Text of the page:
UK Mortgage Lending Increases, Yet Recovery Doubts Remain

Gross mortgage lending was up 21% in March in the UK, and credit availability is expected to improve this quarter. However, some are not so optimistic. The risk …

Gross mortgage lending was up 21% in March in the UK, and credit availability is expected to improve this quarter. However, some are not so optimistic. The risk of Eurozone banking contagion could have an impact on the UK banks, hence inhibiting the recovery. Read more about this in the full article by PropertyWire.

The latest figures from the Council of Mortgage Lenders shows that gross mortgage lending was up 21% in March at £11.3 billion compared with £9.3 billion in February, but is down 2% decline from the £11.5 billion of March 2010.

‘The housing market has emerged hesitantly from hibernation. Household finances are under a lot of pressure, and as a result demand for house purchase loans fell in the first three months of 2011. Lenders expect mortgage credit availability to improve this quarter, and this should help to underpin house purchase activity albeit at pretty low levels,’ said CML chief economist Bob Pannell.

‘Remortgage demand, meanwhile, continues to firm, presumably linked to expectations of higher base rates. Remortgage approvals in February were the highest for more than two years. Stronger remortgage activity looks set to continue propping up overall lending,’ he added.

But not everyone is optimistic. A recent sharp increase in the proportion of borrowers choosing a fixed rate to buy property in the UK has been reversed, according to the latest mortgage index from brokers John Charcol.

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Between September of last year and February of this year the proportion of John Charcol clients choosing a fixed rate more than doubled, but this trend was reversed in March, resulting in virtually a 50/50 split between fixed and variable rates.
‘In March 2010, exactly 1 year after the historic cut in Bank Rate to an all time low of 0.5%, just 17% of our clients chose a fixed rate mortgage. The proportion then started increasing as the cost of fixed rates fell, reducing the premium one had to pay for security, and as people started worrying about rate increases,’ said Ray Boulger, senior technical manager at John Charcol.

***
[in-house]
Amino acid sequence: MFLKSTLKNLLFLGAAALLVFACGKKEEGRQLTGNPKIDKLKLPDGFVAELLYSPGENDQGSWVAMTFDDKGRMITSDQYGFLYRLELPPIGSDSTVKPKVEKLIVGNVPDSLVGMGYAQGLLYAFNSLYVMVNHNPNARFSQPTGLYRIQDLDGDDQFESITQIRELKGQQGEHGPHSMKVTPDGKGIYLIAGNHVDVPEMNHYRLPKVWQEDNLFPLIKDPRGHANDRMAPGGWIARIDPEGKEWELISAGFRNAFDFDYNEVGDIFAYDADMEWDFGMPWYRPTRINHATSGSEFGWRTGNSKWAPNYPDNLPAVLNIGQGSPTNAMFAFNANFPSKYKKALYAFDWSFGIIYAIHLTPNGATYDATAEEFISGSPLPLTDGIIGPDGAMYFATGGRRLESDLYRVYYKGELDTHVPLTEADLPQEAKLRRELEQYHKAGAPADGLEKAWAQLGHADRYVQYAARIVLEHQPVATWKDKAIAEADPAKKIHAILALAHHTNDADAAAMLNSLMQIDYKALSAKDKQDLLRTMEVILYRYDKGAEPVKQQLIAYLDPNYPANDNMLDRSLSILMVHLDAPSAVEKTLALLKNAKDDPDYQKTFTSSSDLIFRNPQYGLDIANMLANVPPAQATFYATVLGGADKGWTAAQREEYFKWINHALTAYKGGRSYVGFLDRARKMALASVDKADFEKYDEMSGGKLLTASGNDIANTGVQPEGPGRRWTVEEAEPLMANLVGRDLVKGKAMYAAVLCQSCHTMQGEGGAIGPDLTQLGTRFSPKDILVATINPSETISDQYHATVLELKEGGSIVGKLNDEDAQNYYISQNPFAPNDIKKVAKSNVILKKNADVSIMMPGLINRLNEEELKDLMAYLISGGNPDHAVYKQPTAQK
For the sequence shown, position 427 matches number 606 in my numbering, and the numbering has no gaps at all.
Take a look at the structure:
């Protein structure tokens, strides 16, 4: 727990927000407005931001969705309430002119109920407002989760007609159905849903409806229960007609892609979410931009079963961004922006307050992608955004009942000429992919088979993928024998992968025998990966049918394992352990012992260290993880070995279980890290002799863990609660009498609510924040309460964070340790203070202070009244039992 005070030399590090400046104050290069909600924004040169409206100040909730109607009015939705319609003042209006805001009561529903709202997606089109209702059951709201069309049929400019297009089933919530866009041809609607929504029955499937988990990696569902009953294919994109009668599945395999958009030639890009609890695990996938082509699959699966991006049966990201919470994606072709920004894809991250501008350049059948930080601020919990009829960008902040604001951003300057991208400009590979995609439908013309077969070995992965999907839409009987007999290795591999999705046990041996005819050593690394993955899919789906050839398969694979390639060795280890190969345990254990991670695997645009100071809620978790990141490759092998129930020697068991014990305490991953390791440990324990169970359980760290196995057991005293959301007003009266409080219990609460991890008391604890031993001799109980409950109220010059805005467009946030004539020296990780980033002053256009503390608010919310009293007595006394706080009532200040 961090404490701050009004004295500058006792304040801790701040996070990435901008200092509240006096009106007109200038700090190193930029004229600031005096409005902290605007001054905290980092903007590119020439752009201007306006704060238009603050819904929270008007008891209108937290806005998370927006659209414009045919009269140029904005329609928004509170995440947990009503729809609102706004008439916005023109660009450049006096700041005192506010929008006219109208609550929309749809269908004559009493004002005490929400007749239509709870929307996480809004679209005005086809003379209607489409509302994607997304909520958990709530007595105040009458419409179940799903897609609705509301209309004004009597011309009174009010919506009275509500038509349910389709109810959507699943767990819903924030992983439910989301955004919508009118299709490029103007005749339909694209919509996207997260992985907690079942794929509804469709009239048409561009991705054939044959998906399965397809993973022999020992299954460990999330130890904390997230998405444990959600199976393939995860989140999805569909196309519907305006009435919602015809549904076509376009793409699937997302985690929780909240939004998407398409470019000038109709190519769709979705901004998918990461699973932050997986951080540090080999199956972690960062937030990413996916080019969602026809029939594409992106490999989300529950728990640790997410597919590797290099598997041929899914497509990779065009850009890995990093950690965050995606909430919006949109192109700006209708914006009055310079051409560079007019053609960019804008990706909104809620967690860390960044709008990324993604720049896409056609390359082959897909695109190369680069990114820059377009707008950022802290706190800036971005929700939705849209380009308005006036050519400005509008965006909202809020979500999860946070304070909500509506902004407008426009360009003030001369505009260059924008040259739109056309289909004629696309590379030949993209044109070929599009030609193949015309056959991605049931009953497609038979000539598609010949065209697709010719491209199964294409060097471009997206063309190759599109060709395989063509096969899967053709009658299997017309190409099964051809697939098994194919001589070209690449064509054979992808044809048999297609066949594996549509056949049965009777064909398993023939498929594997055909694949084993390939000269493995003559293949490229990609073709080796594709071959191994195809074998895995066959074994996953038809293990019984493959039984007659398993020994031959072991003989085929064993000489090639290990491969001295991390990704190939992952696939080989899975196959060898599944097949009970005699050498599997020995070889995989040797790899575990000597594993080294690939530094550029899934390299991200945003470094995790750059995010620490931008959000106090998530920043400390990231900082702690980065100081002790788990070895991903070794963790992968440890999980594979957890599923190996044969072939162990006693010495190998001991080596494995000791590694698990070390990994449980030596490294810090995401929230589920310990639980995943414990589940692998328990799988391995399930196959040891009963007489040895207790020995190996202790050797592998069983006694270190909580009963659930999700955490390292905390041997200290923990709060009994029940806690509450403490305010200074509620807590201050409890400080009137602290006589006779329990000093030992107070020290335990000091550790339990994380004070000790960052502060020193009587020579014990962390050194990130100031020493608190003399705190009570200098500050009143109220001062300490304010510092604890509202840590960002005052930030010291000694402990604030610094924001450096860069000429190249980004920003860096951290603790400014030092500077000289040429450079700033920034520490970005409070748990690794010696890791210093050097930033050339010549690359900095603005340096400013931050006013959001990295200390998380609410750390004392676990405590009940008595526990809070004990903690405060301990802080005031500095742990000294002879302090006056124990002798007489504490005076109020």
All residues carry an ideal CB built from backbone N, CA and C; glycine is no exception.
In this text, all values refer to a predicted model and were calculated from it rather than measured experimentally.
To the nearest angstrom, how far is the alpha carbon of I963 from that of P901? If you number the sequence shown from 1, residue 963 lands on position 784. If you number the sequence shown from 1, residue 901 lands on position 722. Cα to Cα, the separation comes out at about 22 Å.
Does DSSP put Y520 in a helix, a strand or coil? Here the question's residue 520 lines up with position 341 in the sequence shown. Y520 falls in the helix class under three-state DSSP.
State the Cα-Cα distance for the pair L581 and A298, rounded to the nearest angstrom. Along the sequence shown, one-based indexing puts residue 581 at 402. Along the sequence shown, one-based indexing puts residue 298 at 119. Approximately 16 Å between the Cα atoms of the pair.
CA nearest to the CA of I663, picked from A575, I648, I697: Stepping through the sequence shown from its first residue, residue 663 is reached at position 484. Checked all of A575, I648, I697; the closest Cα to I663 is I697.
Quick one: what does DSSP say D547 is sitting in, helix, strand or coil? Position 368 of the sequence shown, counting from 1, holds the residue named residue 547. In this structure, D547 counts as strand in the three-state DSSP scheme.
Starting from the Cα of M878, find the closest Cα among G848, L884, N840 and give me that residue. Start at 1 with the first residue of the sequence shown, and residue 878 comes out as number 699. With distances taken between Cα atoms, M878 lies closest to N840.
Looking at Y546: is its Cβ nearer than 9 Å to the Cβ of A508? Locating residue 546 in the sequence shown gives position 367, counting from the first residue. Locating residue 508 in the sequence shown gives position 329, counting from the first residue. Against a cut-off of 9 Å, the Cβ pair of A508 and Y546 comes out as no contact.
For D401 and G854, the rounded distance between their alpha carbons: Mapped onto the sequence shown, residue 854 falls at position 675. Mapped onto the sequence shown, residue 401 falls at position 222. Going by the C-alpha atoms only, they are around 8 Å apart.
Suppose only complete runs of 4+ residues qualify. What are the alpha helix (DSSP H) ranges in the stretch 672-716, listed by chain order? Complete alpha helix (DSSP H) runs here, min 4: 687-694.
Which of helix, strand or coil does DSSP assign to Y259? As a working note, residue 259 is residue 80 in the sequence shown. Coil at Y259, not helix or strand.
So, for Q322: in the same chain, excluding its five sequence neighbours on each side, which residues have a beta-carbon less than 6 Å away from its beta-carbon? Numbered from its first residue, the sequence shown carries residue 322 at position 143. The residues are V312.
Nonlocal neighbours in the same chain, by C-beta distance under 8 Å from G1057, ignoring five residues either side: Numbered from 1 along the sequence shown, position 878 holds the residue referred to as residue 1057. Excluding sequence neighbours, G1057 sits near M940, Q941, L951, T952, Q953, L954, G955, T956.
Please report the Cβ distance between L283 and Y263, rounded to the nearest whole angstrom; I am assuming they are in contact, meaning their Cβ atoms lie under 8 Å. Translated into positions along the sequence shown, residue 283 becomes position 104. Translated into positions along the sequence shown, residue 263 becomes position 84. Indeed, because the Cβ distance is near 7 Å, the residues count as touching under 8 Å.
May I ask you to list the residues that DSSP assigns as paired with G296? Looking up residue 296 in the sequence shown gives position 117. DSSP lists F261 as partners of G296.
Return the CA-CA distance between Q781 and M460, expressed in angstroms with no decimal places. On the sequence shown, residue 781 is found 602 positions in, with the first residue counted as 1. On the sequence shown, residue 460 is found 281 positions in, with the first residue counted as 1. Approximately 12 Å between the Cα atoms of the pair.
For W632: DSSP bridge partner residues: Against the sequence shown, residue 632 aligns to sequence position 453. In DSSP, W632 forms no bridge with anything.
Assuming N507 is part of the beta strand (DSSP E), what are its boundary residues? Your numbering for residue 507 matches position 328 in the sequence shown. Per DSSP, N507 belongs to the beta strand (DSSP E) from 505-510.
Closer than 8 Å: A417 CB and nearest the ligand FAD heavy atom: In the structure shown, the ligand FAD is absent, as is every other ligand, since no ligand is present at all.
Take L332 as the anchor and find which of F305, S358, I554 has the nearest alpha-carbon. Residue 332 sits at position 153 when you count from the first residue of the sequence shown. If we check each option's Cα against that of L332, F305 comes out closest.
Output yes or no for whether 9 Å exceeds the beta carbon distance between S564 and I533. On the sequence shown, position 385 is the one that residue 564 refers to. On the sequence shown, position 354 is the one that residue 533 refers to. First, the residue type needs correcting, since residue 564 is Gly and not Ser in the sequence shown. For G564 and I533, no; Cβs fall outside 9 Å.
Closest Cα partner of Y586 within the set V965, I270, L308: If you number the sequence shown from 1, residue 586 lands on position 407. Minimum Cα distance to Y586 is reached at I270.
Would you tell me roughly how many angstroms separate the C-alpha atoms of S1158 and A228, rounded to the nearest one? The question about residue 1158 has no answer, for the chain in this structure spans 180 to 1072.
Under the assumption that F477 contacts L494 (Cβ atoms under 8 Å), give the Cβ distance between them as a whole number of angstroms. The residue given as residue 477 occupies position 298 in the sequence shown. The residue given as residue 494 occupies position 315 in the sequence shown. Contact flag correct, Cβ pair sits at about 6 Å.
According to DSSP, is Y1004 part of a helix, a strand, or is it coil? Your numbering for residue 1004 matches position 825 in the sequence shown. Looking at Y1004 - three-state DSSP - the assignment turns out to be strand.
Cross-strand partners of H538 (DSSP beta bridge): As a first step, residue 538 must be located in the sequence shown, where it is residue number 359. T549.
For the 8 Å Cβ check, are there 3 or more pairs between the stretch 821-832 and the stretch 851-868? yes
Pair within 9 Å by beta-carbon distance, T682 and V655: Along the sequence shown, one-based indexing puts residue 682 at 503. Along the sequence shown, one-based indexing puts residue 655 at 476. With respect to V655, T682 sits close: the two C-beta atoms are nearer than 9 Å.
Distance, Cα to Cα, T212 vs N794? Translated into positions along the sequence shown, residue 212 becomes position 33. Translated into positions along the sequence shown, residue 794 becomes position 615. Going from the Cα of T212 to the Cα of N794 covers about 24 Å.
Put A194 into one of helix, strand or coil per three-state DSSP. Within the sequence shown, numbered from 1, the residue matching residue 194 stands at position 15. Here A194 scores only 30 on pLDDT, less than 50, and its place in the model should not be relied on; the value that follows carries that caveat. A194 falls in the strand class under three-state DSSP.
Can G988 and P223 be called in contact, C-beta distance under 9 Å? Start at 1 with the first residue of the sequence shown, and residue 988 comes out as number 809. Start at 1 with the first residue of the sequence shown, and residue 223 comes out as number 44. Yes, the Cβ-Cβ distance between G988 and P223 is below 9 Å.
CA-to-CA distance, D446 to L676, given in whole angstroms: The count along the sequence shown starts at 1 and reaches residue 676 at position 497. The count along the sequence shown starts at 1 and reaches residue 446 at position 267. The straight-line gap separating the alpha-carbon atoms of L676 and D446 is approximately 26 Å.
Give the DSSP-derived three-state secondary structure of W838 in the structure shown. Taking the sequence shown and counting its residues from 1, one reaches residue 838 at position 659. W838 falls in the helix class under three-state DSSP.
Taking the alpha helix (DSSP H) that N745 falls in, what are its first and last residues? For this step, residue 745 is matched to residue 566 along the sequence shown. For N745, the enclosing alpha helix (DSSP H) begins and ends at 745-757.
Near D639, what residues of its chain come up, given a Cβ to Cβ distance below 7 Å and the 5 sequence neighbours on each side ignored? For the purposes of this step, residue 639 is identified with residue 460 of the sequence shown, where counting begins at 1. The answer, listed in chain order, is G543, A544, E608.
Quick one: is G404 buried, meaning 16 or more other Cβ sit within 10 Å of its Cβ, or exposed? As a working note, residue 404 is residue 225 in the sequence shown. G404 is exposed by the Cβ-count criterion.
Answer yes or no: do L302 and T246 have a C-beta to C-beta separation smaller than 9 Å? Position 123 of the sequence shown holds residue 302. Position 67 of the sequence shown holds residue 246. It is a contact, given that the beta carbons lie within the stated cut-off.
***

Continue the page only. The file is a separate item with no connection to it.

‘With the cost of fixed rates bottoming out around the turn of the year and increasing worries about a rate rise as a result of the surging CPI, fixed rate take up jumped sharply from 32.2% in December to 56.0% in February. In March this figure fell to 49.9% as borrowers were put off fixed rates by the hike in price,’ he explained.

‘Looking ahead, the fall in year on year CPI in March has taken some pressure off the MPC and as CPI increased by 0.6% in April last year any increase of less than that this month will result in a further fall in the April year on year figure. That said, in the following 3 months it will be more of a challenge for CPI to continue falling as the previous year’s figure which will fall out of the year on year calculations will be + 0.2%, +0.1 and -0.2%,’ he added.

The outlook for increased lending in the real estate sector is still subdued. ‘Despite the probability that CPI will remain well above the target 2% for at least another year there are plenty of reasons to expect our economic growth to remain weak and the first estimate of 2011 Q1 GDP figures on 27 April will be a key factor influencing Bank Rate decisions for the next few months,’[ said Boulger.

‘Another negative number, or even one that only just scrapes into positive territory, would significantly increase the likelihood of Bank Rate still being at 0.5% at the end of the year.

Furthermore, with a Greek Sovereign default increasing looking like a matter of when rather than if, the risk of Eurozone banking contagion from a domino effect which would impact on the UK banks if it reaches Spain is very worrying and will be a factor restraining bank lending as they build up their reserves, and hence inhibiting the recovery, he added.

This article was republished with permission from PropertyWire.


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